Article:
Saw this yesterday during a walk. A nice moment of kindness. I hope the pass went to someone who needed it.

For anyone who may need it. This is valid for April 2020, Zone 1A T Pass: bus, T, commuter rail * Unlimited, stay safe and healthy

Will Work for...

Bill Harvey's "The Odds" speaks for us during the pandemic. Welcome to another week of great content at Oddball Magazine.

A Little Weekend Archiving

Now that I'm less busy on the weekends, I've resumed my ongoing project to electronically archive my magazines and articles for research. This one oddity I've kept for a while.

Before I knew the Out of  The Blue Art Gallery, I knew it as this zine Out of the Blue written by by one Brian Rust. I likely picked it up at Newbury Comics, given that there's a price label on it. I don't remember the exact year, but t would have to be sometime in the late 90's given that there's a section in the zine that discusses upcoming episodes of Star Trek: Voyager. Featured on the first issue cover was a performer known as The Eight Foot Bride, who I used to see in Harvard Square. Today, we all know her better by her real name, Amanda Palmer.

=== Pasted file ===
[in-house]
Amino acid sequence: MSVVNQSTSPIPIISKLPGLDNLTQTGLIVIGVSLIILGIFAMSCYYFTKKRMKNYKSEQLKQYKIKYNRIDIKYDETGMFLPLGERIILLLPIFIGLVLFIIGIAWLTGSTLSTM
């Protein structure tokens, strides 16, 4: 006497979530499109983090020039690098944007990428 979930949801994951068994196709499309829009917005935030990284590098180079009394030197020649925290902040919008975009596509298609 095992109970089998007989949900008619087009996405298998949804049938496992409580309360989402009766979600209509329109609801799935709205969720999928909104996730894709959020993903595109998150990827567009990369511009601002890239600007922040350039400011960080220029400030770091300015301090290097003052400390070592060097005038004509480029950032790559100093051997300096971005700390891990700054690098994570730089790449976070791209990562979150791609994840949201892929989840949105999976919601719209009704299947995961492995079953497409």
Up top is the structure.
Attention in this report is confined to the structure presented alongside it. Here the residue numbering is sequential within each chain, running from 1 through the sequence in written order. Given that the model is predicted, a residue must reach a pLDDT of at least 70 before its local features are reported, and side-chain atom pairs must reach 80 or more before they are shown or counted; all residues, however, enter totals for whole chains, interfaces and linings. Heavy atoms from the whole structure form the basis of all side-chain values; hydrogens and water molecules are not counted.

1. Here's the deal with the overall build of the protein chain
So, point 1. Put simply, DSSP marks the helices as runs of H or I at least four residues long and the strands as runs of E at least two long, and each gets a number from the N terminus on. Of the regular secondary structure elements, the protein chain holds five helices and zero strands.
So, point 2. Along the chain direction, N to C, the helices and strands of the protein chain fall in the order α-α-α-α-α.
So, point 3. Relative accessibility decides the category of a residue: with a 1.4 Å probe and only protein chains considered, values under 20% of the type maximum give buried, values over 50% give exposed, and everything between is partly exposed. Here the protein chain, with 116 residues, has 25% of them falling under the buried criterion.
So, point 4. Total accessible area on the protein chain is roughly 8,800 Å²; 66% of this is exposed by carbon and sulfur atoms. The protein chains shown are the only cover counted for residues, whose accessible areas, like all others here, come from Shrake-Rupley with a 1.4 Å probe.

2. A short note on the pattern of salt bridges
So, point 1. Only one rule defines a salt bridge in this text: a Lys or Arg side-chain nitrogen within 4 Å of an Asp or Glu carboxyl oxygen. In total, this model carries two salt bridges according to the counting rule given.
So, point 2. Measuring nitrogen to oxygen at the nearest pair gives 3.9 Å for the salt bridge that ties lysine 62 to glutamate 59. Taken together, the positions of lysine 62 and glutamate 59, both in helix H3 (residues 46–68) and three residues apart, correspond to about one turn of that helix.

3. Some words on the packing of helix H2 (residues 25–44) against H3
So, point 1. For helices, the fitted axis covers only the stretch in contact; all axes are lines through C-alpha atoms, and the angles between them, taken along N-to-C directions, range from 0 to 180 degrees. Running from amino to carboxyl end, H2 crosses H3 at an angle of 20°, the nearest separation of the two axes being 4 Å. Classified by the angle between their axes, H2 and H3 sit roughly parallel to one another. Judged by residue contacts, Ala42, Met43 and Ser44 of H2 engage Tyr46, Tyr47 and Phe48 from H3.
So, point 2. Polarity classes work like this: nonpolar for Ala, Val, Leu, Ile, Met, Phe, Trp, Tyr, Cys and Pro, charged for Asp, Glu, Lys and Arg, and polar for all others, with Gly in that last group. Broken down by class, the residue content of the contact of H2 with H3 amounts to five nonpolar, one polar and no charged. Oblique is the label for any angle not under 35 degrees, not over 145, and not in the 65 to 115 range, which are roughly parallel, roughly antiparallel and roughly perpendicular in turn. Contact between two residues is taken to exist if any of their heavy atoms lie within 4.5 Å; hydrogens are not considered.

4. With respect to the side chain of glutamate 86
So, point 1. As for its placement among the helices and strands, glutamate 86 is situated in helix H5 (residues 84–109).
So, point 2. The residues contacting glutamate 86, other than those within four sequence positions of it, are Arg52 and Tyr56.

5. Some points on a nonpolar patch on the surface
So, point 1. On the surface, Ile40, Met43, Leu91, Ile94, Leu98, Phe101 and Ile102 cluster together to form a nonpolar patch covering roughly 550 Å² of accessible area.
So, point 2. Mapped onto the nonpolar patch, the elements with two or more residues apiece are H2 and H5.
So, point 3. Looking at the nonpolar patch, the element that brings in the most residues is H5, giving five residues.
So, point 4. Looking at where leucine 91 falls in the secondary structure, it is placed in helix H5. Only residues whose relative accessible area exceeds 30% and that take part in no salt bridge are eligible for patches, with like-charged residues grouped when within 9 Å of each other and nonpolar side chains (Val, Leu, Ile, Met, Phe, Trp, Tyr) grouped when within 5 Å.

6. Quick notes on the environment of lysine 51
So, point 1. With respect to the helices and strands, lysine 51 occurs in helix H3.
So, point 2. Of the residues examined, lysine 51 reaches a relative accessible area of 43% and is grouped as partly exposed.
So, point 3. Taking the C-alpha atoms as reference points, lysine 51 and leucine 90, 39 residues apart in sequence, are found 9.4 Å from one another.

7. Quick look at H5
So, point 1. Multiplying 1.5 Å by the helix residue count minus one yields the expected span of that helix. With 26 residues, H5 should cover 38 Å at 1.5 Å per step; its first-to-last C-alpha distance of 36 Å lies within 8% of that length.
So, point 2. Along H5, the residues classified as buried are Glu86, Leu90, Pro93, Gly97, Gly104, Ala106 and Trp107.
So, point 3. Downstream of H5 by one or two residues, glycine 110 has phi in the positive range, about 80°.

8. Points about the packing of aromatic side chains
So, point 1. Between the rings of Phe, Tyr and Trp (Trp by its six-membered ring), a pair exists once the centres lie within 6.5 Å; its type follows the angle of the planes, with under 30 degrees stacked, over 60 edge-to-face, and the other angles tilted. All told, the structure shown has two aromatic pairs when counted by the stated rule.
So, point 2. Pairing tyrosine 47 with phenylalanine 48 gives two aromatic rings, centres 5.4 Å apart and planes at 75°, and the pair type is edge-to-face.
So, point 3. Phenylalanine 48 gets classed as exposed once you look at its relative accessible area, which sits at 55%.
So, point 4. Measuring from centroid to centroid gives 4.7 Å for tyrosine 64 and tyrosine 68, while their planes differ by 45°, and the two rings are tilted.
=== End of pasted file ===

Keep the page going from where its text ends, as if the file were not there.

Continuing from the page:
Is this the first published interview of Palmer? It would take a better than me to know that. But you can read the interview today. I've temporarily included the zine as a PDF file, which you can now download here.

Your Weekly Dose of God

Took this at the end of March. I recognized her from a while back. This was the woman who I later dubbed the God Warrior because she was brandishing a (hopefully fake) ax at the time.

Getting Ready

I have posts to prepare for here tomorrow.

I have photos and artwork to schedule for Oddball this week. Some of the photos might even be mine.

I have poems to write, edit and submit.

I have articles to write.

I was too tired to work yesterday. I think I'm getting over that now.

Saturday, April 04, 2020

Over 2,000 Hits